Pop Quiz: Did you know you can surf in Malaysia?
We’re all familiar with the images of Malaysia’s sandy white beaches and calm sea, but it’s a little known secret that Malaysia has some pretty decent waves for surfing. Malaysia’s small surfing community is still in its infancy as the water sport has only started to gain momentum over the past 10 years, but the community is growing rapidly from year to year. From a time when surfing seemed too exotic to us Malaysians, we have developed a pretty credible surf tourism market in Malaysia. Not only have we organised a handful of local surf competitions, surf spots like Cherating, Pulau Tioman, and Pantai Batu Burok now host International Surfing Competitions to the delight of surfer dudes everywhere. And believe you me, our kampung surf scene is starting to catch the attention of local and international surfers.
When To Surf
When the islands close its doors to the public and the divers retire, that’s when the surf boards hit the waves. The surf season on the East Coast usually starts from October/November to February/March. Typically the beaches on the East Coast becomes a no-entry danger zone during the monsoon season because of the relentless rain, angry winds and ferocious waves, but now it just means it’s a good day to go surfing.
On the west coast away from the monsoon, Langkawi’s surf season starts from April to October.
Where To Surf
The coastal areas on the East Coast of Malaysia have some pretty good shore-break and beach-break for a quick surfing fix. In Pahang, Cherating, is by far one of the most popular place to surf in Malaysia. In Johor, look out for Juara Beach in Pulau Tioman, Desaru and Tanjung Resang. Terengganu organises international surf competitions in Pantai Batu Burok and have about 15 other surf spots, including Kijal, along the coast from Kemaman to Besut. Langkawi has good surfing in Pantai Cenang and Pantai Tengah.
If you’re stuck in KL, Sunway Lagoon has all-year surfing with artificial waves. BUT, it’s really expensive and let’s be real, nothing beats being on a real beach.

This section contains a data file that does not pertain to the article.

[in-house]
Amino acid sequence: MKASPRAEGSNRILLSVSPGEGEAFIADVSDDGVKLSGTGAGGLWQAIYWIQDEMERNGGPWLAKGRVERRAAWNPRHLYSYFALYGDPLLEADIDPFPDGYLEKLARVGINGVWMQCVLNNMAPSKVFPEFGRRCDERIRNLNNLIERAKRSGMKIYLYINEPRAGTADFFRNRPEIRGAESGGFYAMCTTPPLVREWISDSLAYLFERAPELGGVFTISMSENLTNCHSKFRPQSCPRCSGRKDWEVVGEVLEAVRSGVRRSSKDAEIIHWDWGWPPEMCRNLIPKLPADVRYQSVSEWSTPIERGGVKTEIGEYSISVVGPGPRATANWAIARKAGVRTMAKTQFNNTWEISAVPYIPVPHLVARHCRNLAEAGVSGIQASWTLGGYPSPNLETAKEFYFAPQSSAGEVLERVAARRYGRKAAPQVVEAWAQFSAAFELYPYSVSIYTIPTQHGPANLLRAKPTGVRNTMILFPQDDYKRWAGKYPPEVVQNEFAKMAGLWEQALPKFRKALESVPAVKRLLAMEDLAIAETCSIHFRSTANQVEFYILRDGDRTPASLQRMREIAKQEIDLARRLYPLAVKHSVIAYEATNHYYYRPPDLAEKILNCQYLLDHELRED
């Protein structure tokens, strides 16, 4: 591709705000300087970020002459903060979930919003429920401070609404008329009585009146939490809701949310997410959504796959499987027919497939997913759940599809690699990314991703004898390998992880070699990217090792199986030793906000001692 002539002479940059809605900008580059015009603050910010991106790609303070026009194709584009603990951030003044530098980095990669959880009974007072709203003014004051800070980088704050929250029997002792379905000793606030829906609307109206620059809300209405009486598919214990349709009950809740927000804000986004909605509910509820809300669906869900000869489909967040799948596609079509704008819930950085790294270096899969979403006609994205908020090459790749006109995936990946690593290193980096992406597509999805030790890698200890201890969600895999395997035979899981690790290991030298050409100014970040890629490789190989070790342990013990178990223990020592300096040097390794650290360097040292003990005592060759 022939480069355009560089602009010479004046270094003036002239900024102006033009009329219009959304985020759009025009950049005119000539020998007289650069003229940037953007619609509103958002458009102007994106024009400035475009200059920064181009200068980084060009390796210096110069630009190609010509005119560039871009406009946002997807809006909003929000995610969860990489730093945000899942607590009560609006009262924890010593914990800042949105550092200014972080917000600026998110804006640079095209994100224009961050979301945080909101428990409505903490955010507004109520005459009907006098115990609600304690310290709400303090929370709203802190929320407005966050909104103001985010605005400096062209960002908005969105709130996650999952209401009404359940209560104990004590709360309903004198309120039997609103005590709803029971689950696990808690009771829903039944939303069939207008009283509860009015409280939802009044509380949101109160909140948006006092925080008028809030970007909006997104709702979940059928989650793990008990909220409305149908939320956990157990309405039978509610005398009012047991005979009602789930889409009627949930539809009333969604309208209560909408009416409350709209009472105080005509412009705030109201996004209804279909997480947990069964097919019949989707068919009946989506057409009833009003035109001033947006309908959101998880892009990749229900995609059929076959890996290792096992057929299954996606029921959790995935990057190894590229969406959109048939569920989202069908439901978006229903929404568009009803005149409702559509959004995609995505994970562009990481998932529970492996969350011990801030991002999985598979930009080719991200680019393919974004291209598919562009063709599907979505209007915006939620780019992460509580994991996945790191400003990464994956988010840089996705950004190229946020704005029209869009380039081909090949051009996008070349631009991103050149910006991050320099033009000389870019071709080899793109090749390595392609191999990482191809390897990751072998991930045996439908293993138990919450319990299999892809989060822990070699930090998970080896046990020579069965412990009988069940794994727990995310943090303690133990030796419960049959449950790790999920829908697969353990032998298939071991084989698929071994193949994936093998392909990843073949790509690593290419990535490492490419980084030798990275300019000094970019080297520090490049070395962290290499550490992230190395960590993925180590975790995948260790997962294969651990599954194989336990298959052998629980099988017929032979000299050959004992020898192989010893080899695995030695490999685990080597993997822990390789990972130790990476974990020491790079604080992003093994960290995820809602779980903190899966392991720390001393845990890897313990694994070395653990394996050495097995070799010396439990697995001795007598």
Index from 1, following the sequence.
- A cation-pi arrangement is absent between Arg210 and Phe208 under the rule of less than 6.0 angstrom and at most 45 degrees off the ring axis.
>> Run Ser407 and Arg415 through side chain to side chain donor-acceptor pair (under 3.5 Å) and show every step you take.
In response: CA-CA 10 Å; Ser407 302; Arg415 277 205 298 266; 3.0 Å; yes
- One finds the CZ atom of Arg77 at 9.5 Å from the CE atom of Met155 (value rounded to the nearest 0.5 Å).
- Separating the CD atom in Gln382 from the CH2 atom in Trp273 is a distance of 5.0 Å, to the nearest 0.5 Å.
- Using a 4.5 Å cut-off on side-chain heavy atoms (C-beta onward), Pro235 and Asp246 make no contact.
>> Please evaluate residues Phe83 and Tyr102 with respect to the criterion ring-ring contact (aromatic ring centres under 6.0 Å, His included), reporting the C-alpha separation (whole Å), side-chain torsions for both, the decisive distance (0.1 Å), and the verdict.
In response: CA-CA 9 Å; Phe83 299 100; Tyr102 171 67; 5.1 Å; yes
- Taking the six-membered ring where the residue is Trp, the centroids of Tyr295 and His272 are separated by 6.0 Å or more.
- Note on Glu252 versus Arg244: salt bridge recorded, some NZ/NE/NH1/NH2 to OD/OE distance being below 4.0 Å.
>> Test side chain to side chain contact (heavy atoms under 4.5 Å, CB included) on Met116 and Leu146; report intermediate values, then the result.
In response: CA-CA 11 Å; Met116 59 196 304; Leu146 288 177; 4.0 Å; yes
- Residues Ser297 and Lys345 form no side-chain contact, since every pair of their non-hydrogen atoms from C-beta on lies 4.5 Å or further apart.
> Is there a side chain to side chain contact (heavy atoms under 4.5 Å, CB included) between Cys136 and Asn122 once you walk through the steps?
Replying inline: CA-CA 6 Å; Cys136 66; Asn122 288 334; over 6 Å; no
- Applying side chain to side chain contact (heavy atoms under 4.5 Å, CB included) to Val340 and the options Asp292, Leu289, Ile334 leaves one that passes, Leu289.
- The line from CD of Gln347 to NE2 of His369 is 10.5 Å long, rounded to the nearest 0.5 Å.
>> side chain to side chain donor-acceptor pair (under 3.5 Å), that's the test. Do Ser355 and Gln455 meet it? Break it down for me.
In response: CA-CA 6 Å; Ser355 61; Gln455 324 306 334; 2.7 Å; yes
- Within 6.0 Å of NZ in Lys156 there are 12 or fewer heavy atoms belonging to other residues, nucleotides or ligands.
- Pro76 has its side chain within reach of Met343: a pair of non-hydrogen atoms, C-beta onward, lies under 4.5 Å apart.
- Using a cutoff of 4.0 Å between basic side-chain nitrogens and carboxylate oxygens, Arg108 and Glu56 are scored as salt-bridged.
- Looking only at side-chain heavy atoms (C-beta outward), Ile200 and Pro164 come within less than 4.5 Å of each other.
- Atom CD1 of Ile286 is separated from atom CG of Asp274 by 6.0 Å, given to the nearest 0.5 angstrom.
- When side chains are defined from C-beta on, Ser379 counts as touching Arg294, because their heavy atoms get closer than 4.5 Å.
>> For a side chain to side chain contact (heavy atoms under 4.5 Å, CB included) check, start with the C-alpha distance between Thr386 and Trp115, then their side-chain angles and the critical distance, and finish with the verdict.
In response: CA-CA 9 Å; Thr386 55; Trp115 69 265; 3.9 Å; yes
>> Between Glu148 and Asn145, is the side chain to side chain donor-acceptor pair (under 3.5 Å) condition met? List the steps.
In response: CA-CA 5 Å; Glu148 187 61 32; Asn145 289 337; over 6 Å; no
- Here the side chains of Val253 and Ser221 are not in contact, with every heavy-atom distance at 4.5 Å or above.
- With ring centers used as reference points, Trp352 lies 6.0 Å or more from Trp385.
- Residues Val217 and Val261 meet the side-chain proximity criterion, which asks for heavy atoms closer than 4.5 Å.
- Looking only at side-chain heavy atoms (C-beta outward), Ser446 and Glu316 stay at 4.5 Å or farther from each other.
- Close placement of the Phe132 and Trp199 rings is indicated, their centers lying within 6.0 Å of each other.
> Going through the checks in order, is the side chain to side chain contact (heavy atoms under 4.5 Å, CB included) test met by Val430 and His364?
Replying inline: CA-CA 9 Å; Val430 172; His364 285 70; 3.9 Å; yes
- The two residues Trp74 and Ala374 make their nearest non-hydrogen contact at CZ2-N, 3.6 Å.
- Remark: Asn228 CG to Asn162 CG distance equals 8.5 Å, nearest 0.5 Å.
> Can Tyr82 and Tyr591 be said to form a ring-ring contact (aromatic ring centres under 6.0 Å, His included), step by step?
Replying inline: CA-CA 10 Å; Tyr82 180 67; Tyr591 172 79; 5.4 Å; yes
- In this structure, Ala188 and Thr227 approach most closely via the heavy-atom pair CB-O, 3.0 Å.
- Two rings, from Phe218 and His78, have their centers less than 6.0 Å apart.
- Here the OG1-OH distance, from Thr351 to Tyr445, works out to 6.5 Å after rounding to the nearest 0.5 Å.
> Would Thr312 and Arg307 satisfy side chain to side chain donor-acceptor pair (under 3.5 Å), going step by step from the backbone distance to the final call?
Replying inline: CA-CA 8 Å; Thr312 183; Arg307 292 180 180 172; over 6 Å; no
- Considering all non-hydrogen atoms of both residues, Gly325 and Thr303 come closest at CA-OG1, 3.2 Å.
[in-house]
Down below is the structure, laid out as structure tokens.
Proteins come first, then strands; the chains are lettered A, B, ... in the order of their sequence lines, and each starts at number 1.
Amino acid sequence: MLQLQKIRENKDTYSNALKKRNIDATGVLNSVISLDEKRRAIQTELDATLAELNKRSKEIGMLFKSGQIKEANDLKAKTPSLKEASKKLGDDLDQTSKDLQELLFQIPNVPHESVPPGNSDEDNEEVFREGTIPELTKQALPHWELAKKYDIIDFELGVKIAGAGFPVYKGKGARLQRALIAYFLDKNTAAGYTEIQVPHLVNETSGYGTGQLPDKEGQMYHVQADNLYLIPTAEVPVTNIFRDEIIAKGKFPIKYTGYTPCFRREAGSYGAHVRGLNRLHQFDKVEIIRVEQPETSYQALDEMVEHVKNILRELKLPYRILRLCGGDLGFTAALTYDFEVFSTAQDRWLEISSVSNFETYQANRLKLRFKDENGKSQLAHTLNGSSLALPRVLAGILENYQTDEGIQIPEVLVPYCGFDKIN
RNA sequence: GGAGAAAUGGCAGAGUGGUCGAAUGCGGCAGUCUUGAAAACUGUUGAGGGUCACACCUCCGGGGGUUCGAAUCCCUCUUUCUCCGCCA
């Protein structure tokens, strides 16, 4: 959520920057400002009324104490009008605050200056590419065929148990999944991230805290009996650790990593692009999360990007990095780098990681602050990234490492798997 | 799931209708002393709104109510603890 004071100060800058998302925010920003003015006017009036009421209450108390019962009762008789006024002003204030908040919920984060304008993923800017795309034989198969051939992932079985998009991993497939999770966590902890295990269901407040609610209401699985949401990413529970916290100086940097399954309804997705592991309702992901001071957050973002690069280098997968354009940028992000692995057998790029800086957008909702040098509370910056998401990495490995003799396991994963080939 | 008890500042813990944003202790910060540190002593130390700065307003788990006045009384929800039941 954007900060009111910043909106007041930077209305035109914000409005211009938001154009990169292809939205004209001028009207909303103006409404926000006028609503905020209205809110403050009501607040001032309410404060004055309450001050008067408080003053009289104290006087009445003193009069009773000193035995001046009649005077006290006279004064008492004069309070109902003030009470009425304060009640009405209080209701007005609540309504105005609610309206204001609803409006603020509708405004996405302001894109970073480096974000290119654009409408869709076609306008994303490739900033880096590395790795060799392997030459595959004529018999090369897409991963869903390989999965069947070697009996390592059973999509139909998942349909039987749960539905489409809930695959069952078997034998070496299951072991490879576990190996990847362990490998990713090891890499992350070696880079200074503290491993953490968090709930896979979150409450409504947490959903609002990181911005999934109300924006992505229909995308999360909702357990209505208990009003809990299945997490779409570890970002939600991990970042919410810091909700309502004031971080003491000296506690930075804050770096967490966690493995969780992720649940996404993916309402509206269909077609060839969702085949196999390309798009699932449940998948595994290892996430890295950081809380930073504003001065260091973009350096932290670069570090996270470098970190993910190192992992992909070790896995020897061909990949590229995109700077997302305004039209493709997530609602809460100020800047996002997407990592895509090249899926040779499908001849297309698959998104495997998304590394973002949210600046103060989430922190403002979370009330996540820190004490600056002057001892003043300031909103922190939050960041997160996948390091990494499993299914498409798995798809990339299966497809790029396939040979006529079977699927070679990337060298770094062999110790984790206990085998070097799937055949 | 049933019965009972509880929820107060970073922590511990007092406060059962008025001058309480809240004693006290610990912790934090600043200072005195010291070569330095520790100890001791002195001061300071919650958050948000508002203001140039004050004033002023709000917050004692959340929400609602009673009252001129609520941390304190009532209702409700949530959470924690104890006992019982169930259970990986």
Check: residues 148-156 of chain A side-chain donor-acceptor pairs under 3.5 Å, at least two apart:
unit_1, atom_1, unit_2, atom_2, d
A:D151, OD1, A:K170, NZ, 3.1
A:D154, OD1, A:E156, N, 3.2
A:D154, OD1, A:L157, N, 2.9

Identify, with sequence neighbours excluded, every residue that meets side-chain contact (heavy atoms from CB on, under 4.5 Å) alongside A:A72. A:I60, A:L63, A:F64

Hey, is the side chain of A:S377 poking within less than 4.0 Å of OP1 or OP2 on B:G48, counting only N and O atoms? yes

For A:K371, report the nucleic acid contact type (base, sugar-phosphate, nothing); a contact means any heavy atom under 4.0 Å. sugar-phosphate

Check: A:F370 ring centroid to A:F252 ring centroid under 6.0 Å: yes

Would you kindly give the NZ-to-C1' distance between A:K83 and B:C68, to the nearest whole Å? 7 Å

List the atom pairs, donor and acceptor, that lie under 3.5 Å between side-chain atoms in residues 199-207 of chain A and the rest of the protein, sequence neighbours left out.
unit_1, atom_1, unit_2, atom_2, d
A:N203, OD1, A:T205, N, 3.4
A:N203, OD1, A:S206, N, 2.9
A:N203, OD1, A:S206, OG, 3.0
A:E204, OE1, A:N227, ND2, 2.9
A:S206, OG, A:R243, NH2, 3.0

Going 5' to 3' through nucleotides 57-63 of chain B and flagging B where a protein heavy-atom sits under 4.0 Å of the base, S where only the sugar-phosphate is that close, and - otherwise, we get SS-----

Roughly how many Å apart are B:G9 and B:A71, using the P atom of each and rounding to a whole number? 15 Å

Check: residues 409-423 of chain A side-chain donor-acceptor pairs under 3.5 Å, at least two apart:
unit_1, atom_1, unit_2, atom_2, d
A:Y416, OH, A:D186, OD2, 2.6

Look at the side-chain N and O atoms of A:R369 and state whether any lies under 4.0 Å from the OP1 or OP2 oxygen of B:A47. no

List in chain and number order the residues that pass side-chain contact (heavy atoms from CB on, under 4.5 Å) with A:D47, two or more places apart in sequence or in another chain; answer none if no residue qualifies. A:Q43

These are the more popular spots but of course, if you have a chat with the local surfer dudes in these states, they might share with you secret surf spots that no one else goes but the local community.
How To Surf
There are numerous surf schools with overly tanned instructors in these surf locations that you can learn from. Unless it’s an isolated surf spot, you should be able to rent surfboards from some a surf school.
How’s The Waves
Let me be clear, this is not Bali and I would not recommend anyone to fly to Malaysia with the sole purpose of surfing. But it’s definitely a scene not to miss if you’re in the neighbourhood. The waves here are consistent, and are suitable for beginners, intermediate, advanced and longboard surfers. Also, a good place for beginners to learn surfing. The current is strong and can be irritating and tiring when you’re trying to get back to where the waves break, but if you push on through, you can get some good, long rides. This might not be Bali, but I’ve seen many a happy, beaming faces walking back to their hotel with their surfboards in hand after a good surf day.
Though big surf brands like Rip Curl, Billabong and Volcom have cashed in on this growing market, surfing is still a rather underrated sea sport amongst Malaysians. I’m super stoked to see how big it’ll rip in the next few years!
So if there is one thing new to learn this year, make it surfing. And you better hurry before the surf season ends Bruddah!